Nothing is as good as

 your natural tooth!




"I want to thank you both for being so kind and good to me. My tooth feels just fine!

I think of both of you often and will return."

~Janice E





We use modern

 techniques designed

 for patient comfort.





"Your office is absolutely beautiful - especially the music. All my visits were relaxing and painless!"

~Anne P





Voted Top Dentists in

 Hartford area by

Dental peers


- Hartford Magazine -





"I just want to thank you for your patience, kindness and understanding as you worked on my tooth. I never thought I could ever say that having a ‘root canal’ truly was  not so bad! "

~Victoria S




 Endodontic Surgery

Why would I need endodontic surgery?

        Surgery can help save your tooth in a variety of situations.

        Surgery may be used in diagnosis. If you have persistent symptoms but no problems appear on your x-ray, your tooth may have a tiny fracture or canal that could not be detected during nonsurgical treatment. In such a case, surgery allows your endodontist to examine the entire root of your tooth, find the problem, and provide treatment. 

        Sometimes calcium deposits make a canal too narrow for the instruments used in nonsurgical root canal treatment to reach the end of the root. If your tooth has this “calcification,” your endodontist may perform endodontic surgery to clean and seal the remainder of the canal.

        Usually, a tooth that has undergone a root canal can last the rest of your life and never need further endodontic treatment. However, in a few cases, a tooth may not heal or become infected. A tooth may become painful or diseased months or even years after successful treatment. If this is true for you, surgery may help save your tooth.

        Surgery may also be performed to treat damaged root surfaces or surrounding bone.

Although there are many surgical procedures that can be performed to save a tooth, the most common is called apicoectomy or root-end resection. When inflammation or infection persists in the bony area around the end of your tooth after a root canal procedure, your endodontist may have to perform an apicoectomy.



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What is an Apicoectomy?

In this procedure, we will open the gum tissue near the tooth to see the underlying bone and to remove any inflamed or infected tissue. The very end of the root will also be removed in most cases.







A small filling may be placed in the root to seal the end of the root canal, and a few stitches or sutures are placed in the gingiva to help the tissue heal properly.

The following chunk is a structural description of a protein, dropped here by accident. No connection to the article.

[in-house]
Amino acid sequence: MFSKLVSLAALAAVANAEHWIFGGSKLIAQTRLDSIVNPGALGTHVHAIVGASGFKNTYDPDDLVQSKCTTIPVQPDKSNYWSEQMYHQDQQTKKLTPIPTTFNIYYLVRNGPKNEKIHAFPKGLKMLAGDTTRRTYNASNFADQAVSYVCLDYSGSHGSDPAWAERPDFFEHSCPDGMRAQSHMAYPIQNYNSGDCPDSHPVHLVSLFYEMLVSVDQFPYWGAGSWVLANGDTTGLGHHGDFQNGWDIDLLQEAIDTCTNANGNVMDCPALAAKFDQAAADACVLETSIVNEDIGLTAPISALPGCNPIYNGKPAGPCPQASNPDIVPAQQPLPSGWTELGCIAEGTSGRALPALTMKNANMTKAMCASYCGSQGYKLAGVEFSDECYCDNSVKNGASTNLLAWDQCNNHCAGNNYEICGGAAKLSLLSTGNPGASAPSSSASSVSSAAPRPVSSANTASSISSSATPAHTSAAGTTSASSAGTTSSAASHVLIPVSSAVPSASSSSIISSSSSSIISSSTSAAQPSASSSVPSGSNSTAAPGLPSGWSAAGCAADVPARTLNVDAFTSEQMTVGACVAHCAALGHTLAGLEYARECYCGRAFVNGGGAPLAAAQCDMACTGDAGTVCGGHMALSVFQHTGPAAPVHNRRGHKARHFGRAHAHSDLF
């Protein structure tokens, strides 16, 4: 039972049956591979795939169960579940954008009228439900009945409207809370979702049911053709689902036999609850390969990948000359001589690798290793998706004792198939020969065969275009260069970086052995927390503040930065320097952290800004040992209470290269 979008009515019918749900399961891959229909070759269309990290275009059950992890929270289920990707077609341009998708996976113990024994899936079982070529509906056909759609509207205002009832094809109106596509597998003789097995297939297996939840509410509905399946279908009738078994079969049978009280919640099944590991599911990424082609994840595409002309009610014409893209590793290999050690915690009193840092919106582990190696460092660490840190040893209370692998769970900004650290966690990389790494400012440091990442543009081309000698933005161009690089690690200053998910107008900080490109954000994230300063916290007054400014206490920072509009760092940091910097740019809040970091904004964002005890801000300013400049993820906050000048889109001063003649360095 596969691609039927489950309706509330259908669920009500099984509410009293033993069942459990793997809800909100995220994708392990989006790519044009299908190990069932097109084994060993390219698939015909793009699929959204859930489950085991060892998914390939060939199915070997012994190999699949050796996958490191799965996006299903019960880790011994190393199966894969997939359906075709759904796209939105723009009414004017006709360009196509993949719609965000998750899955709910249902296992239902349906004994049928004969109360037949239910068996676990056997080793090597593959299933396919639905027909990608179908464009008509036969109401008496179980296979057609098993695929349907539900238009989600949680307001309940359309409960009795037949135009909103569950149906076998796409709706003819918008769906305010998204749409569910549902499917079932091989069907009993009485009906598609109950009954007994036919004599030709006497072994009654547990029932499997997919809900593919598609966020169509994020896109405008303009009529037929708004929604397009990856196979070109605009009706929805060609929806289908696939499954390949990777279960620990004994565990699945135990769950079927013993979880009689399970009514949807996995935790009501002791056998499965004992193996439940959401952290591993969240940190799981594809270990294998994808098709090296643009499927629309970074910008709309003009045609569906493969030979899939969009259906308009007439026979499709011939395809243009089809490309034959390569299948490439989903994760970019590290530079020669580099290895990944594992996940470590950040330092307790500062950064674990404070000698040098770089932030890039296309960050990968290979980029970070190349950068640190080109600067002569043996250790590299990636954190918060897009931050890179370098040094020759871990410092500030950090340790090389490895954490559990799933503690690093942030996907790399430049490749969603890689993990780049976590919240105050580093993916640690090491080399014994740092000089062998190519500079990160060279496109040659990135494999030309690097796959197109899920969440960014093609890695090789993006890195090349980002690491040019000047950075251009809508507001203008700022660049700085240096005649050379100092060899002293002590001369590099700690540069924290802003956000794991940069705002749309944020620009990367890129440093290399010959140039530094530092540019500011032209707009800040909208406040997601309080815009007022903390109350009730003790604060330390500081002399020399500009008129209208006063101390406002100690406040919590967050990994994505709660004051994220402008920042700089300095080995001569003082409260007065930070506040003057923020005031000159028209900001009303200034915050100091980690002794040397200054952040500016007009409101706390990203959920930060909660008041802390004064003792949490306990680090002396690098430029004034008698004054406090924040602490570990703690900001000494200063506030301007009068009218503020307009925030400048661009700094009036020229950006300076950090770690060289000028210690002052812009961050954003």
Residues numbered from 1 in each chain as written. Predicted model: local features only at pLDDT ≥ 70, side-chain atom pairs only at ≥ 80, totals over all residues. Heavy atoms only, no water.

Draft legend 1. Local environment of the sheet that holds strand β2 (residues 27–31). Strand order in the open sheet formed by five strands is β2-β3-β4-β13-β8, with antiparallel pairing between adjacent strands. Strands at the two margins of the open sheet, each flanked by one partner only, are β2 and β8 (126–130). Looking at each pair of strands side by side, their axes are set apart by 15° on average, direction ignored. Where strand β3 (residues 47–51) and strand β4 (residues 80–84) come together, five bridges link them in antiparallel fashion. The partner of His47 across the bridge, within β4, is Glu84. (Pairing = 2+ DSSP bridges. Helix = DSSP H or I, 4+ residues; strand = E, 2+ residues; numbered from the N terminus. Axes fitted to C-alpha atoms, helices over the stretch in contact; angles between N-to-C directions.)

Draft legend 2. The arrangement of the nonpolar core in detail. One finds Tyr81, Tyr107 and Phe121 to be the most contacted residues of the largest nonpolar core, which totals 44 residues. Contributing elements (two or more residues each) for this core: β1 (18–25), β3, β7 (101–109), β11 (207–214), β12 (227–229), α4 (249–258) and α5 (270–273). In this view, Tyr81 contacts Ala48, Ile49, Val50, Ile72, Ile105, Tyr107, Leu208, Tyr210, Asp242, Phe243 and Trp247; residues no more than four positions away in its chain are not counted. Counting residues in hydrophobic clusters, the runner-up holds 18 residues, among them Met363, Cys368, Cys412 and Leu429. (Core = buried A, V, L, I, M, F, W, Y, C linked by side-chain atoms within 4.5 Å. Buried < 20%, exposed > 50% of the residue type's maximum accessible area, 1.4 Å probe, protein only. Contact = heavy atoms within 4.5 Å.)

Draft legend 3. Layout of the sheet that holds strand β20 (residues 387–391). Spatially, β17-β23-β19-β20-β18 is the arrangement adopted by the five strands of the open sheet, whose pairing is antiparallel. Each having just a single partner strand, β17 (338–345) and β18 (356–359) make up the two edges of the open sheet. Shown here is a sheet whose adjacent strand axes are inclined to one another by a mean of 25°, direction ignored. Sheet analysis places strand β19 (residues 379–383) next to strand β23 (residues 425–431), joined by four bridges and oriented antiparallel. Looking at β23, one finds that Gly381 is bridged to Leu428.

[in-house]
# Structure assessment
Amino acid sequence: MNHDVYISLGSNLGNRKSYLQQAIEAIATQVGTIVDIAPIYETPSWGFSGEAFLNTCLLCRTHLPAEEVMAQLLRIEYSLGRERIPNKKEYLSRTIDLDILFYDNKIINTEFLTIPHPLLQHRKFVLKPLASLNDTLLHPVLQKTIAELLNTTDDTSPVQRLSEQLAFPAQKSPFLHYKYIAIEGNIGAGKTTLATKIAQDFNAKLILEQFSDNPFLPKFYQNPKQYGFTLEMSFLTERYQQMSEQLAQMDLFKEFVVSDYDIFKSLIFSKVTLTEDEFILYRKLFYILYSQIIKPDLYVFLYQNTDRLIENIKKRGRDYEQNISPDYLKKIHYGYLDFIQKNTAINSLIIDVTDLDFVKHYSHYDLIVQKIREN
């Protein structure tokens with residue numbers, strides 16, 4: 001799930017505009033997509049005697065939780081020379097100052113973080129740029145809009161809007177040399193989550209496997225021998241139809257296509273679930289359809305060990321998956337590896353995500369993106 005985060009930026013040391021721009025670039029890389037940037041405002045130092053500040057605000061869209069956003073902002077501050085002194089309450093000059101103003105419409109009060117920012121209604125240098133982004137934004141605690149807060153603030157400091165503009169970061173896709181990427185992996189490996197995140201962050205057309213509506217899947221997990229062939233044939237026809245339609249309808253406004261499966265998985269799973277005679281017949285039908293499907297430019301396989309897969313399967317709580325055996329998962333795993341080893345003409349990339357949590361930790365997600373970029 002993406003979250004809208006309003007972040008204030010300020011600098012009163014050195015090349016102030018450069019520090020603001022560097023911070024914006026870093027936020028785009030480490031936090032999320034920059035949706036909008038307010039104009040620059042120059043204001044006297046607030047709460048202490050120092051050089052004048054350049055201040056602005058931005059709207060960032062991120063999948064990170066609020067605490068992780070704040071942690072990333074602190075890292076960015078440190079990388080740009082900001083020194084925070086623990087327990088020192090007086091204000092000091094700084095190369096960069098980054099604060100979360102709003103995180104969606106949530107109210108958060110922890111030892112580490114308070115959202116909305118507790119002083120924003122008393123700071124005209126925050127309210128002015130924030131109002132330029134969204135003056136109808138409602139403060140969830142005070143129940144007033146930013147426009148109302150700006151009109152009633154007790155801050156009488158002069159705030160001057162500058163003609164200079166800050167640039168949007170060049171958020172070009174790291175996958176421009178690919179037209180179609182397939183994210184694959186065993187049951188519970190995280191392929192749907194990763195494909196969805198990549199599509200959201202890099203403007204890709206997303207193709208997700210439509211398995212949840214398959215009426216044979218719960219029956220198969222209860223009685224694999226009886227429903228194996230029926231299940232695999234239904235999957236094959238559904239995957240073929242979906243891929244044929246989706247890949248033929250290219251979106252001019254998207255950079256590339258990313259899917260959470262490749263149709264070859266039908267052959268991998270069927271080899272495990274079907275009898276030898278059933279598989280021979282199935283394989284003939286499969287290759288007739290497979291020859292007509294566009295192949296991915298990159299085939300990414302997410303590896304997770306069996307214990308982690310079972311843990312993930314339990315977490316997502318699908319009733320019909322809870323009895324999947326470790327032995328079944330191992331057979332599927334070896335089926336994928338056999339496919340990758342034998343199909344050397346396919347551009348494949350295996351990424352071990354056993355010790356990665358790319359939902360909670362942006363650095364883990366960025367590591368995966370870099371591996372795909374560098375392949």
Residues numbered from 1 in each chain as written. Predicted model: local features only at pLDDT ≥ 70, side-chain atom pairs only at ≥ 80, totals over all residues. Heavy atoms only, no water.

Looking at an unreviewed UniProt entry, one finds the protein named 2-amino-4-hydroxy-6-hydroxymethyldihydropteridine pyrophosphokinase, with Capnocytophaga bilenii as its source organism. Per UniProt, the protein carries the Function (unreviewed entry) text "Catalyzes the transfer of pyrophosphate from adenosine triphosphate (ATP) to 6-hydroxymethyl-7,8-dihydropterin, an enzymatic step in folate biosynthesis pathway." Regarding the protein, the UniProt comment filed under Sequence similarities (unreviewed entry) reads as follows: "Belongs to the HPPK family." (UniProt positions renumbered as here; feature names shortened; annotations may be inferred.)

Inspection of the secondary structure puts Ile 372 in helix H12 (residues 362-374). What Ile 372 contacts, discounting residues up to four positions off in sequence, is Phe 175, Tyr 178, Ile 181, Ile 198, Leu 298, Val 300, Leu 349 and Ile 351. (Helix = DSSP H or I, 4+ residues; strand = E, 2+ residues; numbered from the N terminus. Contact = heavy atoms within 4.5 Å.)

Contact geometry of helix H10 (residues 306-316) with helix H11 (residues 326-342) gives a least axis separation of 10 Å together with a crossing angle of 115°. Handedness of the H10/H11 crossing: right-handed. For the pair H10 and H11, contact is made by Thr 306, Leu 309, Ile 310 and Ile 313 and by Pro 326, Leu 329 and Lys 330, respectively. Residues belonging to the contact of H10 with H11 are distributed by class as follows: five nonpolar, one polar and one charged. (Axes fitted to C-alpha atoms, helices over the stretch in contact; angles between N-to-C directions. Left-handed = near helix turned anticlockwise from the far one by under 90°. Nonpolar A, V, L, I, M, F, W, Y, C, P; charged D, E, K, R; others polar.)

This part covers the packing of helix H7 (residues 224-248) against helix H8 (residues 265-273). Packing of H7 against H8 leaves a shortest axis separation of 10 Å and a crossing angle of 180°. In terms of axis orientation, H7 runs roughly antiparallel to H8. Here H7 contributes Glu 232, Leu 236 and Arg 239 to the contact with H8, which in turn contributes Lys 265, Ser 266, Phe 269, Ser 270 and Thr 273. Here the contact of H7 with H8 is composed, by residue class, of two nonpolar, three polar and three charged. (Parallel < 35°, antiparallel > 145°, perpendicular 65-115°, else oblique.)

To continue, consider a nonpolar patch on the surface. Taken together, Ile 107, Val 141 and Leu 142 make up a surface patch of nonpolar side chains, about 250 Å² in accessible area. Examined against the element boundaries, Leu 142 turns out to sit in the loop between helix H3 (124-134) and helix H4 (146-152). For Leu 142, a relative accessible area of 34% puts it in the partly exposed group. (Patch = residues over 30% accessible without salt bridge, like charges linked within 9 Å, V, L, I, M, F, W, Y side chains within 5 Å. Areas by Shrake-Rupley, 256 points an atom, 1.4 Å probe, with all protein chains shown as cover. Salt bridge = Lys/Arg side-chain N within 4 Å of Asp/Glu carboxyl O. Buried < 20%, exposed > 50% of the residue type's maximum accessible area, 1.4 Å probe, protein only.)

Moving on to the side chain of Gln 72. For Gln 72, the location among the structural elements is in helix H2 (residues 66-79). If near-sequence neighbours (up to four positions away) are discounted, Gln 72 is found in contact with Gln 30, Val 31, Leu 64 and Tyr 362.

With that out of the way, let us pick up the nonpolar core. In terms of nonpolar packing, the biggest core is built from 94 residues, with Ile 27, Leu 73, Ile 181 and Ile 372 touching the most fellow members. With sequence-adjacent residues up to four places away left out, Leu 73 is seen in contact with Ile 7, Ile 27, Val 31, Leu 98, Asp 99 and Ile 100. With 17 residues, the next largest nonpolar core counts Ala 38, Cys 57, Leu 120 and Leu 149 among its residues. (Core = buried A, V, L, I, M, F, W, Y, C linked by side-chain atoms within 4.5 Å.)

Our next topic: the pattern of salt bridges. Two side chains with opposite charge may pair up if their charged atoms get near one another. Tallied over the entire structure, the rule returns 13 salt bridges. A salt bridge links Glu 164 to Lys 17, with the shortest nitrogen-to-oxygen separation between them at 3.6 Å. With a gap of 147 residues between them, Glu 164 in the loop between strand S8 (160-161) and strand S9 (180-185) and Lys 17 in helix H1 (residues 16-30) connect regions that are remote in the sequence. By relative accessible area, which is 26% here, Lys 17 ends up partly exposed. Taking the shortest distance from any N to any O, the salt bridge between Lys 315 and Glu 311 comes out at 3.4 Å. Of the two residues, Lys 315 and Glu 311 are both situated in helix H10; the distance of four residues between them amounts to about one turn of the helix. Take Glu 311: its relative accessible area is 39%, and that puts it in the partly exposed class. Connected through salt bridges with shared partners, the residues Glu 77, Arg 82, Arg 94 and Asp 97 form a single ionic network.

Over a period of months, the bone heals around the end of the root.









Are there other types of endodontic surgery?

Other surgeries we might perform include repairing an injured root or removing one or more roots. These procedures are designed to help you save your tooth.

Will the procedure hurt?

Local anesthetics make the procedure comfortable. You may feel some discomfort or experience slight swelling while the incision heals. This is normal for any surgical procedure. We will prescribe appropriate pain medication to alleviate your discomfort.

You will receive you specific postoperative instructions to follow. If you have questions after your procedure, or if you have pain that does not respond to medication, call our office right away.

Can I drive myself home?

Often you can, but under certain circumstances it might be better if someone drives you. We will discuss this before your appointment so that you can make transportation arrangements if necessary.

When can I return to my normal activities?

Most patients return to work or other routine activities the next day.  

Does insurance cover endodontic surgery?

Each insurance plan is different. Check with your employer or insurance company prior to treatment. Our staff will check your insurance coverage, explain it to you and inform you of what your expected portion will be.

What are the alternatives to endodontic surgery?

Often, the only alternative to surgery is extraction of the tooth. The extracted tooth should then be replaced with an implant, bridge, or removable partial denture to restore chewing function and to prevent adjacent teeth from shifting. Because these alternatives require surgery or dental procedures on adjacent healthy teeth, endodontic surgery is usually the most biologic and cost-effective option for maintaining your oral health.

No matter how effective modern artificial tooth replacements are—and they can be very effective—nothing is as good as a natural tooth. You’ve already made an investment in saving your tooth. The pay-off for choosing endodontic surgery could be a healthy, functioning natural tooth for the rest of your life.

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Information contained on this page courtesy of American Association of Endodontists